6.11 Do not require users to type leading zeroes for numeric fields. For example, if a three-digit
project number is 045, the operator should be able to type 45 instead of 045 before pressing the
Enter key. An exception to that rule might occur when entering a date, where a leading zero is
needed to identify single-digit months or days, such as 06-04-2013.
6.12 Do not require users to type trailing zeroes for numbers that include decimals. For example,
when a user types a value of 98, the system should interpret the value as 98.00 if the field has been
formatted to include numbers with two decimal places. The decimal point is needed only to
indicate nonzero decimal places, such as 98.76.
6.13 Display default values so operators can press the Enter key to accept the suggested value. If
the default value is not appropriate, the operator can change it.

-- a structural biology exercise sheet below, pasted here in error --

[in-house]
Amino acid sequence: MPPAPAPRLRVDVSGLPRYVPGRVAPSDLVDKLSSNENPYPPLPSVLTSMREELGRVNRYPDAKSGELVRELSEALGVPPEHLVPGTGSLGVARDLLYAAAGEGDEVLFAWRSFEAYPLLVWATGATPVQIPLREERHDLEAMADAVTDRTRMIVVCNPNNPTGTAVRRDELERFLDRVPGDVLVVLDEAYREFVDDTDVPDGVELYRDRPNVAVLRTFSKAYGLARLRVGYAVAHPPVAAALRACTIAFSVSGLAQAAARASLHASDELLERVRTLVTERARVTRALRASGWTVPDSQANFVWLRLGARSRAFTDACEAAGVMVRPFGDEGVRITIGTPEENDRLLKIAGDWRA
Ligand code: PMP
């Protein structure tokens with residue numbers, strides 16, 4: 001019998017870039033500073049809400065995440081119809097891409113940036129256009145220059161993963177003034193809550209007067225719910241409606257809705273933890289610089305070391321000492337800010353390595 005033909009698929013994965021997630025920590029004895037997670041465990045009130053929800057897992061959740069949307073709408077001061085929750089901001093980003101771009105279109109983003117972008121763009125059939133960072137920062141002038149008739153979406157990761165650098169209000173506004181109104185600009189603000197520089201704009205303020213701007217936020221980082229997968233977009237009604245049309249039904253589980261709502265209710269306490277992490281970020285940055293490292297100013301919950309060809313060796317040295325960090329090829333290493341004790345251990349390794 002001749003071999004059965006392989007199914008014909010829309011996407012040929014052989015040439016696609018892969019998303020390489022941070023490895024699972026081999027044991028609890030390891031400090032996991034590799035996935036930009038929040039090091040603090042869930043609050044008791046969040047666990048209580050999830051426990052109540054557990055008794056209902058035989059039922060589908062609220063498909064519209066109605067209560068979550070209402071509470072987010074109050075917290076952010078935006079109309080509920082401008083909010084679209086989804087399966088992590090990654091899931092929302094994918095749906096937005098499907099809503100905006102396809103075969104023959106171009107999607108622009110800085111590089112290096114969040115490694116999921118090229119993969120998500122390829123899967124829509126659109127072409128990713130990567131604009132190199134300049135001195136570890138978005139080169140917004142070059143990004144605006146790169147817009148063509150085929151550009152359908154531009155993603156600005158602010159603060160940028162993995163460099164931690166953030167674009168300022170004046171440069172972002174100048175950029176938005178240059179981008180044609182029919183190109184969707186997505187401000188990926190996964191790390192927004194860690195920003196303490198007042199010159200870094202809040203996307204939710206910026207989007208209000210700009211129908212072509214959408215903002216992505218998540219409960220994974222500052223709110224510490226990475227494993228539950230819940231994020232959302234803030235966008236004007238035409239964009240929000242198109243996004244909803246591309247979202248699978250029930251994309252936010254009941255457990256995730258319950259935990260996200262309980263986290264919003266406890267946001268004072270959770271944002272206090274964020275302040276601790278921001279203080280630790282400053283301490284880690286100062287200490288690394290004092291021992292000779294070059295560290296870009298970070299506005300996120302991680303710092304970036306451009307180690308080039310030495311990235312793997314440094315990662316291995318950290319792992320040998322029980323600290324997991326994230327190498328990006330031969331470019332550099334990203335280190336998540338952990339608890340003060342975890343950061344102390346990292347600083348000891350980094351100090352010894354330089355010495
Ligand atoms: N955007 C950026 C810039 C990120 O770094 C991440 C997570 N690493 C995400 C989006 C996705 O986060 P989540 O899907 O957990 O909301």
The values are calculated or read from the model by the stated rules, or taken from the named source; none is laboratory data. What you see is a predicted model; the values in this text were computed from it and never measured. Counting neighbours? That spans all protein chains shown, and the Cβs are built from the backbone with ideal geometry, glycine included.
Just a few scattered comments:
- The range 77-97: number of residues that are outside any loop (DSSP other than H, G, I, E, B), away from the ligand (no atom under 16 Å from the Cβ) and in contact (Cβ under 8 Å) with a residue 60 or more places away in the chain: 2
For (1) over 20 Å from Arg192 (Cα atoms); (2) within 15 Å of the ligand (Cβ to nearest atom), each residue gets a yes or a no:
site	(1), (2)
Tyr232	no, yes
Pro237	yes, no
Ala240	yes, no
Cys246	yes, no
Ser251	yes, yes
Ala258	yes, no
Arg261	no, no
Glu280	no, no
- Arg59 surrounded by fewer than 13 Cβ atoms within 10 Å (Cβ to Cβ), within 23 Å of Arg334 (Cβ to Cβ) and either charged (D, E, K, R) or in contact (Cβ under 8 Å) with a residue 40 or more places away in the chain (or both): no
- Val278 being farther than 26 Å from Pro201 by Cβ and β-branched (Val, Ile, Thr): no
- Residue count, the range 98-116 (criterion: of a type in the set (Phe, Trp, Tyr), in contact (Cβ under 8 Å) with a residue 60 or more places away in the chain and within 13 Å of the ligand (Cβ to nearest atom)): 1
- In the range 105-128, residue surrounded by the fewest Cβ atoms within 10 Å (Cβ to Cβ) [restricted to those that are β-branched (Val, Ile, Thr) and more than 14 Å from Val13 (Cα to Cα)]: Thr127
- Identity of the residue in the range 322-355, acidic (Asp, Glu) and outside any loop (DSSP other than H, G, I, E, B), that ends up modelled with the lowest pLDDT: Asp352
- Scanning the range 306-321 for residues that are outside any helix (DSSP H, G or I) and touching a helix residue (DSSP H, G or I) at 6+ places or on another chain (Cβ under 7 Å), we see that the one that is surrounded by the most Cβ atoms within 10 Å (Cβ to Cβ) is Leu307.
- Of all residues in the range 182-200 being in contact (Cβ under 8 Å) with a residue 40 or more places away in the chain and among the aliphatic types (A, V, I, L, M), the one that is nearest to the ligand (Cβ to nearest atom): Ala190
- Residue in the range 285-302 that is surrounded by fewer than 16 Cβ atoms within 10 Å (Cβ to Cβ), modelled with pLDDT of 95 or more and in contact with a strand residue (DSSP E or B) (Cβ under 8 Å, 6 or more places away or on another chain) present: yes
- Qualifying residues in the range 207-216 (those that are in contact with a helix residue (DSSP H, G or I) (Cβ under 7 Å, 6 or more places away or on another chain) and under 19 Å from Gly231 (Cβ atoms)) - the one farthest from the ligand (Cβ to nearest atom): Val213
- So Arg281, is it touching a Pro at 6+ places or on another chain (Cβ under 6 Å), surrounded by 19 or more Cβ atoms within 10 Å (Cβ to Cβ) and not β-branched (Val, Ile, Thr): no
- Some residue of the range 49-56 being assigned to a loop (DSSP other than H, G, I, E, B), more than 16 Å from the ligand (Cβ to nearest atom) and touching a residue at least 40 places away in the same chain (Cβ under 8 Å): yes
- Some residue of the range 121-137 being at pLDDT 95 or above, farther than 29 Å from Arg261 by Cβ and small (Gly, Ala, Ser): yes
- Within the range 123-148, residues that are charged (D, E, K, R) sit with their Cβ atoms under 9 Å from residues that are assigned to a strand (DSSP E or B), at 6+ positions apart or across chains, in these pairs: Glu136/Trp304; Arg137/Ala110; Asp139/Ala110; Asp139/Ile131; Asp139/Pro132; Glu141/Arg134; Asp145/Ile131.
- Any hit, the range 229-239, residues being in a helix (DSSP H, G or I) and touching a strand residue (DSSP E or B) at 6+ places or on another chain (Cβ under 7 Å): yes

6.14 Use a default value when a field value will be constant for successive records or throughout
the data entry session. For example, if records are input in order by date, the date used in the first
transaction should be used as the default date until a new date is entered, at which time the new
date becomes the default value.
6.15 Display a list of acceptable values for fields, and provide meaningful error messages if the
user enters an unacceptable value. An even better method, which was described under Rule 5:
Enhance the Interface, is to provide a drop-down list box containing acceptable values that allows
the user to select a value by clicking.
6.16 Provide users with an opportunity to confirm the accuracy of input data before entering it by